LEGAL BRIEF Singer – composer Burt Bacharach filed sued Monday against a company run by multimillionaire Melvin Simon, owner of the Indiana Pacers. Bacharach is seeking $15 million, claiming he needed shoulder replacement surgery after falling in a dark ballroom. The lawsuit, Associated Press reports, says the 71 year old Bacharach fell and injured his left shoulder at the Indiana Roof Ballroom in Indianapolis during a sound check on April 5, 2000. Bacharach was scheduled to perform at the downtown venue. Defendants include Simon and Associates, the ballroom’s owner and operator, and Claypool Holdings LLC. A spokeswoman for the Simon companies said they do not comment on pending litigation. According to the complaint, Bacharach stumbled because it was too dark to see a drop in the main floor.

CASTING Peter Gallagher (”American Beauty”) will join Adam Sandler and Winona Ryder in the comedy ”Deeds.” Directed by Steven Brill (”Big Daddy”), ”Deeds” is an update of Frank Capra’s 1936 comedy ”Mr. Deeds Goes to Town,” starring Gary Cooper. The Columbia Pictures/ New Line version stars Sandler as the Deeds, the small town man who inherits a fortune and must move to the Big City (i.e. New York). The movie starts shooting next week…. Steven Culp (”Thirteen Days”) and Clea DuVall (”Girl, Interrupted) will star in the HBO/ Cinemax movie ”How to Make a Monster,” the fourth installment of ”Creature Features,” a series of five sci-fi flicks based on Samuel Z. Arkoff’s 1950s films. Tyler Mane (”X-Men”), Jason Marsden (”White Squall”), and Karim Prince (”FreakyLinks”) also appear in the project, which starts production next week.

BIOPIC PICKS Actor – producer Stanley Tucci is ready for another award worthy portrayal. After taking on Walter Winchell in HBO’s Emmy winning movie, Tucci will star as Groucho Marx in a two hour CBS movie called ”Love, Groucho.” Based on the book ”Love, Groucho: Letters From Groucho Marx to His Daughter Miriam,” written by Miriam Marx Allen, the telefilm will focus on the comedian’s relationship with his daughter, as opposed to his partnership with brothers Harpo and Chico.

TUBE NEWS Molly Ringwald is returning to TV with ”Big Time,” a two hour pilot for TNT about the early days of television. Set in 1948 Manhattan, the series will star Ringwald as the network chief’s new wife, who realizes there’s a job for her in the industry. Dylan Baker (”Happiness”) will also star in the drama, which will be directed and coexecutive produced by ”NYPD Blue” veteran Paris Barclay. The period drama is produced by John Wells (”The West Wing,” ”ER”)…. Former ”Hardy Boy” Shaun Cassidy has signed on as showrunner of ”The Agency,” a drama pilot about CIA agents. The CBS project stars Gil Bellows (”Ally McBeal”), Paige Turco (”Party of Five”), and Ronny Cox (”Perfect Murder, Perfect Town”). Cassidy, Variety reports, will also exec produce a drama pilot for USA called ”Wilder,” which is reportedly semiautobiographical, following a former teen idol actor who decides to become a detective with his younger brother. In case some of you are too young to remember, Cassidy was a teen dream in the 1970s, singing such pop hits as ”Da Doo Ron Ron” and ”Hey Deanie.”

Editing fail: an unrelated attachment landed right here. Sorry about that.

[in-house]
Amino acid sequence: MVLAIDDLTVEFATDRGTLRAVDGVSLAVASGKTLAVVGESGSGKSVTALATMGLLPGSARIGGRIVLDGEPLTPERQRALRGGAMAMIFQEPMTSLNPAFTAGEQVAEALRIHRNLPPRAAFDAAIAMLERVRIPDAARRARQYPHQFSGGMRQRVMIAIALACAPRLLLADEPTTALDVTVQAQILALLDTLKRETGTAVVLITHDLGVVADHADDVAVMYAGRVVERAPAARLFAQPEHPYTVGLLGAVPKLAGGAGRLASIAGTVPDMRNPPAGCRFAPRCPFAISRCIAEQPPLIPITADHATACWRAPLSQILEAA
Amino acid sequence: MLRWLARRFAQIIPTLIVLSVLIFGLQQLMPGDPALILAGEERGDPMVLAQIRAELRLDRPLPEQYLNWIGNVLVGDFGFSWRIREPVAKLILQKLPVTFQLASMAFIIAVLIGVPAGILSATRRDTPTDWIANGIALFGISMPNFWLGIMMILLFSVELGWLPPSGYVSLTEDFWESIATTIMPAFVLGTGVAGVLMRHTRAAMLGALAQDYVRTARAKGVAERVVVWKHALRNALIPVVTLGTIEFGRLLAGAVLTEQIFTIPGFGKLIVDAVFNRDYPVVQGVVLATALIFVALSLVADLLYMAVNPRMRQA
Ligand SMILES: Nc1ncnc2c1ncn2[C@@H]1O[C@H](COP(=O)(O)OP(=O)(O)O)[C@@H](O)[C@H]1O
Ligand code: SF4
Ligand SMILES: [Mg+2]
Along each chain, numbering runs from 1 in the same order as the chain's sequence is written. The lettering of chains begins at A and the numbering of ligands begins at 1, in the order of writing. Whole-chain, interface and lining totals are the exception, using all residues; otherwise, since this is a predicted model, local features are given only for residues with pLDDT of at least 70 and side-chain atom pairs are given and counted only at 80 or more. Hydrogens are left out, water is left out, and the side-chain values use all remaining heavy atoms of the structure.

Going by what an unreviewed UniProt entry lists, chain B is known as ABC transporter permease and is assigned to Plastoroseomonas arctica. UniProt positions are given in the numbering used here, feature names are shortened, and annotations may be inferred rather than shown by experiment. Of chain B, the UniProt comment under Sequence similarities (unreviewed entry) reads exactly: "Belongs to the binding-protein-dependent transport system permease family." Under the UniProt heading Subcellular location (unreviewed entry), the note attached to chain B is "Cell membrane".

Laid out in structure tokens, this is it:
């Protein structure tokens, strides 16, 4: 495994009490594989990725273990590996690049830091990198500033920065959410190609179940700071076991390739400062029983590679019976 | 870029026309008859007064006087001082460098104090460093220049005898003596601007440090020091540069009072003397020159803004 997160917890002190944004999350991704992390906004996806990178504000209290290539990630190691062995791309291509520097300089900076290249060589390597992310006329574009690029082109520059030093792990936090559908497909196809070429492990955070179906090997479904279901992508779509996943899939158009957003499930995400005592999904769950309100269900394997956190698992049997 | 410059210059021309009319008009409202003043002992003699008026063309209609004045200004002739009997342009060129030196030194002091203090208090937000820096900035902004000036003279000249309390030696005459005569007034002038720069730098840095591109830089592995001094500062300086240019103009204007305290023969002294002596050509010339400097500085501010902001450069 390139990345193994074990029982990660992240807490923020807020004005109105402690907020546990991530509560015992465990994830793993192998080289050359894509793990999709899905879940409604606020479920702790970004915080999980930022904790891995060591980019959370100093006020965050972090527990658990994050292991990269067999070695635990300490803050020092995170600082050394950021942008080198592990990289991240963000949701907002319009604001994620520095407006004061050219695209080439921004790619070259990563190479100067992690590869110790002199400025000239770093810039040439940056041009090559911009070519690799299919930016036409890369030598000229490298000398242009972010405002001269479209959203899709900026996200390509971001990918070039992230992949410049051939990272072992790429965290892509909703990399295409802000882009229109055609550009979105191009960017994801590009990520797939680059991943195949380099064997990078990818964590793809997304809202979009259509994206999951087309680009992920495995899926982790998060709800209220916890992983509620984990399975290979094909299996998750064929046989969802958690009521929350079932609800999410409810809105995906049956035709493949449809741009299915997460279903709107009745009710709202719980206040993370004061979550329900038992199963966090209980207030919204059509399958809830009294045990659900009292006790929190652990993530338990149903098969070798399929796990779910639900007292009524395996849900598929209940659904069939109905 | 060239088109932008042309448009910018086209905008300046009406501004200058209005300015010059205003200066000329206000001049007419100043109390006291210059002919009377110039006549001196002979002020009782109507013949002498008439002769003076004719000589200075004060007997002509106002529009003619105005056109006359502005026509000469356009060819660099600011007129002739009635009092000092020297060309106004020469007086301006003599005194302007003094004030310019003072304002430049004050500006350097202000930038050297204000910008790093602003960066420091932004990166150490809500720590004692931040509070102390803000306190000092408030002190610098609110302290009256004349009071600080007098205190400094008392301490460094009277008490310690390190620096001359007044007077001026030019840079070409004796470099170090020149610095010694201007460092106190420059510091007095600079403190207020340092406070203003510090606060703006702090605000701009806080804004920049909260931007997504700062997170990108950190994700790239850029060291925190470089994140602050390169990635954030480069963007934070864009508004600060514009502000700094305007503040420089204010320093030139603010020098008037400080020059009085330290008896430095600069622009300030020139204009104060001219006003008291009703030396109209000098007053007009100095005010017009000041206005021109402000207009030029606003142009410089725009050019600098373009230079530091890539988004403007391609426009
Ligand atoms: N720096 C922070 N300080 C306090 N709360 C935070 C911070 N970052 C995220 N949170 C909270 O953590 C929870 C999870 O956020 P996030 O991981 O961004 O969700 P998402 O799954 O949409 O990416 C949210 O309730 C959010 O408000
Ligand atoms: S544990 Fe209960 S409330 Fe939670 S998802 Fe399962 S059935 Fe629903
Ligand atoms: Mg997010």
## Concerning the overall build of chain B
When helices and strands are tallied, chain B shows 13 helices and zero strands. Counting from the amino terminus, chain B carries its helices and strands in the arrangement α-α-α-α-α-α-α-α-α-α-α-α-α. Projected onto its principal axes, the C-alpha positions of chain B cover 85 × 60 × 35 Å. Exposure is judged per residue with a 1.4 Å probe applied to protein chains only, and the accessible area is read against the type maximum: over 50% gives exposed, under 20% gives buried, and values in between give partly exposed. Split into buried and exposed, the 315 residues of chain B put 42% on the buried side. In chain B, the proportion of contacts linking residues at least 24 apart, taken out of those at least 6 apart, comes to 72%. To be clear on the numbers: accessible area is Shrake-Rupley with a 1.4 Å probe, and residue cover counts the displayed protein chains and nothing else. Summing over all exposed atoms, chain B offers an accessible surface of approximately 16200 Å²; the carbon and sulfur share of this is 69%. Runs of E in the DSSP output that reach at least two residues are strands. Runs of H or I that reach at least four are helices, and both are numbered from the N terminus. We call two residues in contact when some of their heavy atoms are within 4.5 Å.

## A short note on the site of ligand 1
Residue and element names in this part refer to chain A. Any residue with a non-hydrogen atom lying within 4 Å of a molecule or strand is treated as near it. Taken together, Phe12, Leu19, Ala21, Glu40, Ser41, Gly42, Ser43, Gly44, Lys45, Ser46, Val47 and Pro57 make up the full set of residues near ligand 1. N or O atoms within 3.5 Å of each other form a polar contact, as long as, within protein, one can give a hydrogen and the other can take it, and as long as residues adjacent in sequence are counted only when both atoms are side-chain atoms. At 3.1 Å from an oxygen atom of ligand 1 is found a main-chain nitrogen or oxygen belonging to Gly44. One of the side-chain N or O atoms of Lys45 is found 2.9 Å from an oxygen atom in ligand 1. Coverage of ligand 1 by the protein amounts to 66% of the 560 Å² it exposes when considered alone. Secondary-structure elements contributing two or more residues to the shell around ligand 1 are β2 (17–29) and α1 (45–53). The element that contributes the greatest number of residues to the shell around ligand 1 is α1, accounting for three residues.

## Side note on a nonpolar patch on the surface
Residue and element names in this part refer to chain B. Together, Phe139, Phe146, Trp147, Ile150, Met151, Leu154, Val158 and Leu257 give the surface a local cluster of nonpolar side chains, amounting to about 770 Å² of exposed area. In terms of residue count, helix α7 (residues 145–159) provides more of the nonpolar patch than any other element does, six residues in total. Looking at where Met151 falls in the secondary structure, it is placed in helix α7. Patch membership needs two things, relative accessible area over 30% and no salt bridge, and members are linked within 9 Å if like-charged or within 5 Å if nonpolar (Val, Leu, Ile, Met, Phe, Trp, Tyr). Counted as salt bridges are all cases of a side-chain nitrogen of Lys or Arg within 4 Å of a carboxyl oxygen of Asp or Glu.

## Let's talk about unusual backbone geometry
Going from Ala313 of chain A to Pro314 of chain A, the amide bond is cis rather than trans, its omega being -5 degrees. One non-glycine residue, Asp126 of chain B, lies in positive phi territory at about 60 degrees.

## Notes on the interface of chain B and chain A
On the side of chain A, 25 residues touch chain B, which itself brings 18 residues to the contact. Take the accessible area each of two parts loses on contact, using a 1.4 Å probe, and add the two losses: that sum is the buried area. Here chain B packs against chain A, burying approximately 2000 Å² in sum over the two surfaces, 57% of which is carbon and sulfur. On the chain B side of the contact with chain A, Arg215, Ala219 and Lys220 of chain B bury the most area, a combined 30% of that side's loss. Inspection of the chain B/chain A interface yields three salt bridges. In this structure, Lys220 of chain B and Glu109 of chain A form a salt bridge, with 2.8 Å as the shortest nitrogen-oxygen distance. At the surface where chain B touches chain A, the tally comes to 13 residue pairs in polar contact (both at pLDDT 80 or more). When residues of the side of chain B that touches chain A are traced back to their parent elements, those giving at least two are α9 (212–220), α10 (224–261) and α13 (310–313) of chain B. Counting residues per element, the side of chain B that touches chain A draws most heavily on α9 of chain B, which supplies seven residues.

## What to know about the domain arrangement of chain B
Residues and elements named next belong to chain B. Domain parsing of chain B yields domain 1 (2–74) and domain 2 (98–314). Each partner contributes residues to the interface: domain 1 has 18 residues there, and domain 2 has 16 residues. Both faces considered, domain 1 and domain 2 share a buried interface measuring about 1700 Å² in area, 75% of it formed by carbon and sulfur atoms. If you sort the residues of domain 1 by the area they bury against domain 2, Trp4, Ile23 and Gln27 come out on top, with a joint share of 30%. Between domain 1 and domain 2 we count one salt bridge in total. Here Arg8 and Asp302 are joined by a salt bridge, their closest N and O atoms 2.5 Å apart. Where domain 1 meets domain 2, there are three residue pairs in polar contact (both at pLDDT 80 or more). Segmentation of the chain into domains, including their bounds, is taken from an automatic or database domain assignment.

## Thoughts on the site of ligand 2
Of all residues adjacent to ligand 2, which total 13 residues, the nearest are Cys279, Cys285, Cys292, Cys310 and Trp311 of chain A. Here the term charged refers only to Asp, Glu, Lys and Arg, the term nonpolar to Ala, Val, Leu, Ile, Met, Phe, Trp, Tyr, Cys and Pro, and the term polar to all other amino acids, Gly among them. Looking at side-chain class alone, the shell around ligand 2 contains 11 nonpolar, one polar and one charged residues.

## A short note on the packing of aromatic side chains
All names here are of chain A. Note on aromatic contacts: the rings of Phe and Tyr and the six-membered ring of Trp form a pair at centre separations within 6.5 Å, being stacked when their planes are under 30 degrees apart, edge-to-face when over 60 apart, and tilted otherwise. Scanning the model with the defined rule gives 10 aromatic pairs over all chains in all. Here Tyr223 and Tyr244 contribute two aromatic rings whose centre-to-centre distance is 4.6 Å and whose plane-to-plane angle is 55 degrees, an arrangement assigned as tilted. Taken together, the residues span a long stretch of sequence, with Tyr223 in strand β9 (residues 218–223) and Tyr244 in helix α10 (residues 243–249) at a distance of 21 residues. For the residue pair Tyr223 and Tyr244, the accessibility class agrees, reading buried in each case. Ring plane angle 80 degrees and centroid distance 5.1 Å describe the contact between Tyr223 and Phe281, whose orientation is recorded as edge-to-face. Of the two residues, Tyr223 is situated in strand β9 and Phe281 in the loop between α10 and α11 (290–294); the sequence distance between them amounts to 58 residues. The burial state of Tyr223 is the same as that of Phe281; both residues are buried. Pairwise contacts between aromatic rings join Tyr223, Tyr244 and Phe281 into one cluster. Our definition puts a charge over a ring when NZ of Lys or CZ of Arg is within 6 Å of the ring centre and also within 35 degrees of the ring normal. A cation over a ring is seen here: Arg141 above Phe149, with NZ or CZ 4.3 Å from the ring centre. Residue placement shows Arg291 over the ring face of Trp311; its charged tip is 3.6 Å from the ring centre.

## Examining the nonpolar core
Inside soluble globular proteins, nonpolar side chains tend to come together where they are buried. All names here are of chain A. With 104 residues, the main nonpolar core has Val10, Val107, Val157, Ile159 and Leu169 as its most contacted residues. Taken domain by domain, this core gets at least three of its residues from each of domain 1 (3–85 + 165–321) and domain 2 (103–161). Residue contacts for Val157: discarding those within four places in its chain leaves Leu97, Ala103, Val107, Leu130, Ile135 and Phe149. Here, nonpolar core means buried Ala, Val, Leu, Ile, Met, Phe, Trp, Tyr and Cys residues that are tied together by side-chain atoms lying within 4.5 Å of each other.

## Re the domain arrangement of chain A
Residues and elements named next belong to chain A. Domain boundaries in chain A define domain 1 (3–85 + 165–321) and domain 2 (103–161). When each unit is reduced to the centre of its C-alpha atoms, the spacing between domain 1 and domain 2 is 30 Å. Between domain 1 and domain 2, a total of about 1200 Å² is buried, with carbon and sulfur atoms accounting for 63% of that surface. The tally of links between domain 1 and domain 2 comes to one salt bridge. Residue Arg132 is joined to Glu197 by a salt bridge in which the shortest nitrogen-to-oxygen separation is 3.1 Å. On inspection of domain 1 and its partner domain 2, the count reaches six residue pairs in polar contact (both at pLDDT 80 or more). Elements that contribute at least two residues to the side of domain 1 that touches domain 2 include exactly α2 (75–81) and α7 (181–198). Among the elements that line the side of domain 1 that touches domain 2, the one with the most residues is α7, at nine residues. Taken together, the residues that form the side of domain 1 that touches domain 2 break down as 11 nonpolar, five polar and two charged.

THEATER PLANS The West End production of ”The Philadelphia Story,” starring Calista Flockhart as the cynical heiress played in the 1940 film by Katharine Hepburn, will start previews May 21 and open in June at London’s Shaftesbury Theater. Blythe Danner (”Meet the Parents”) also stars in the $865,000 play, which will run at least 10 weeks, depending on ticket sales, reviews, and Flockhart’s ”Ally McBeal schedule. No word yet on who will play the Cary Grant or Jimmy Stewart roles.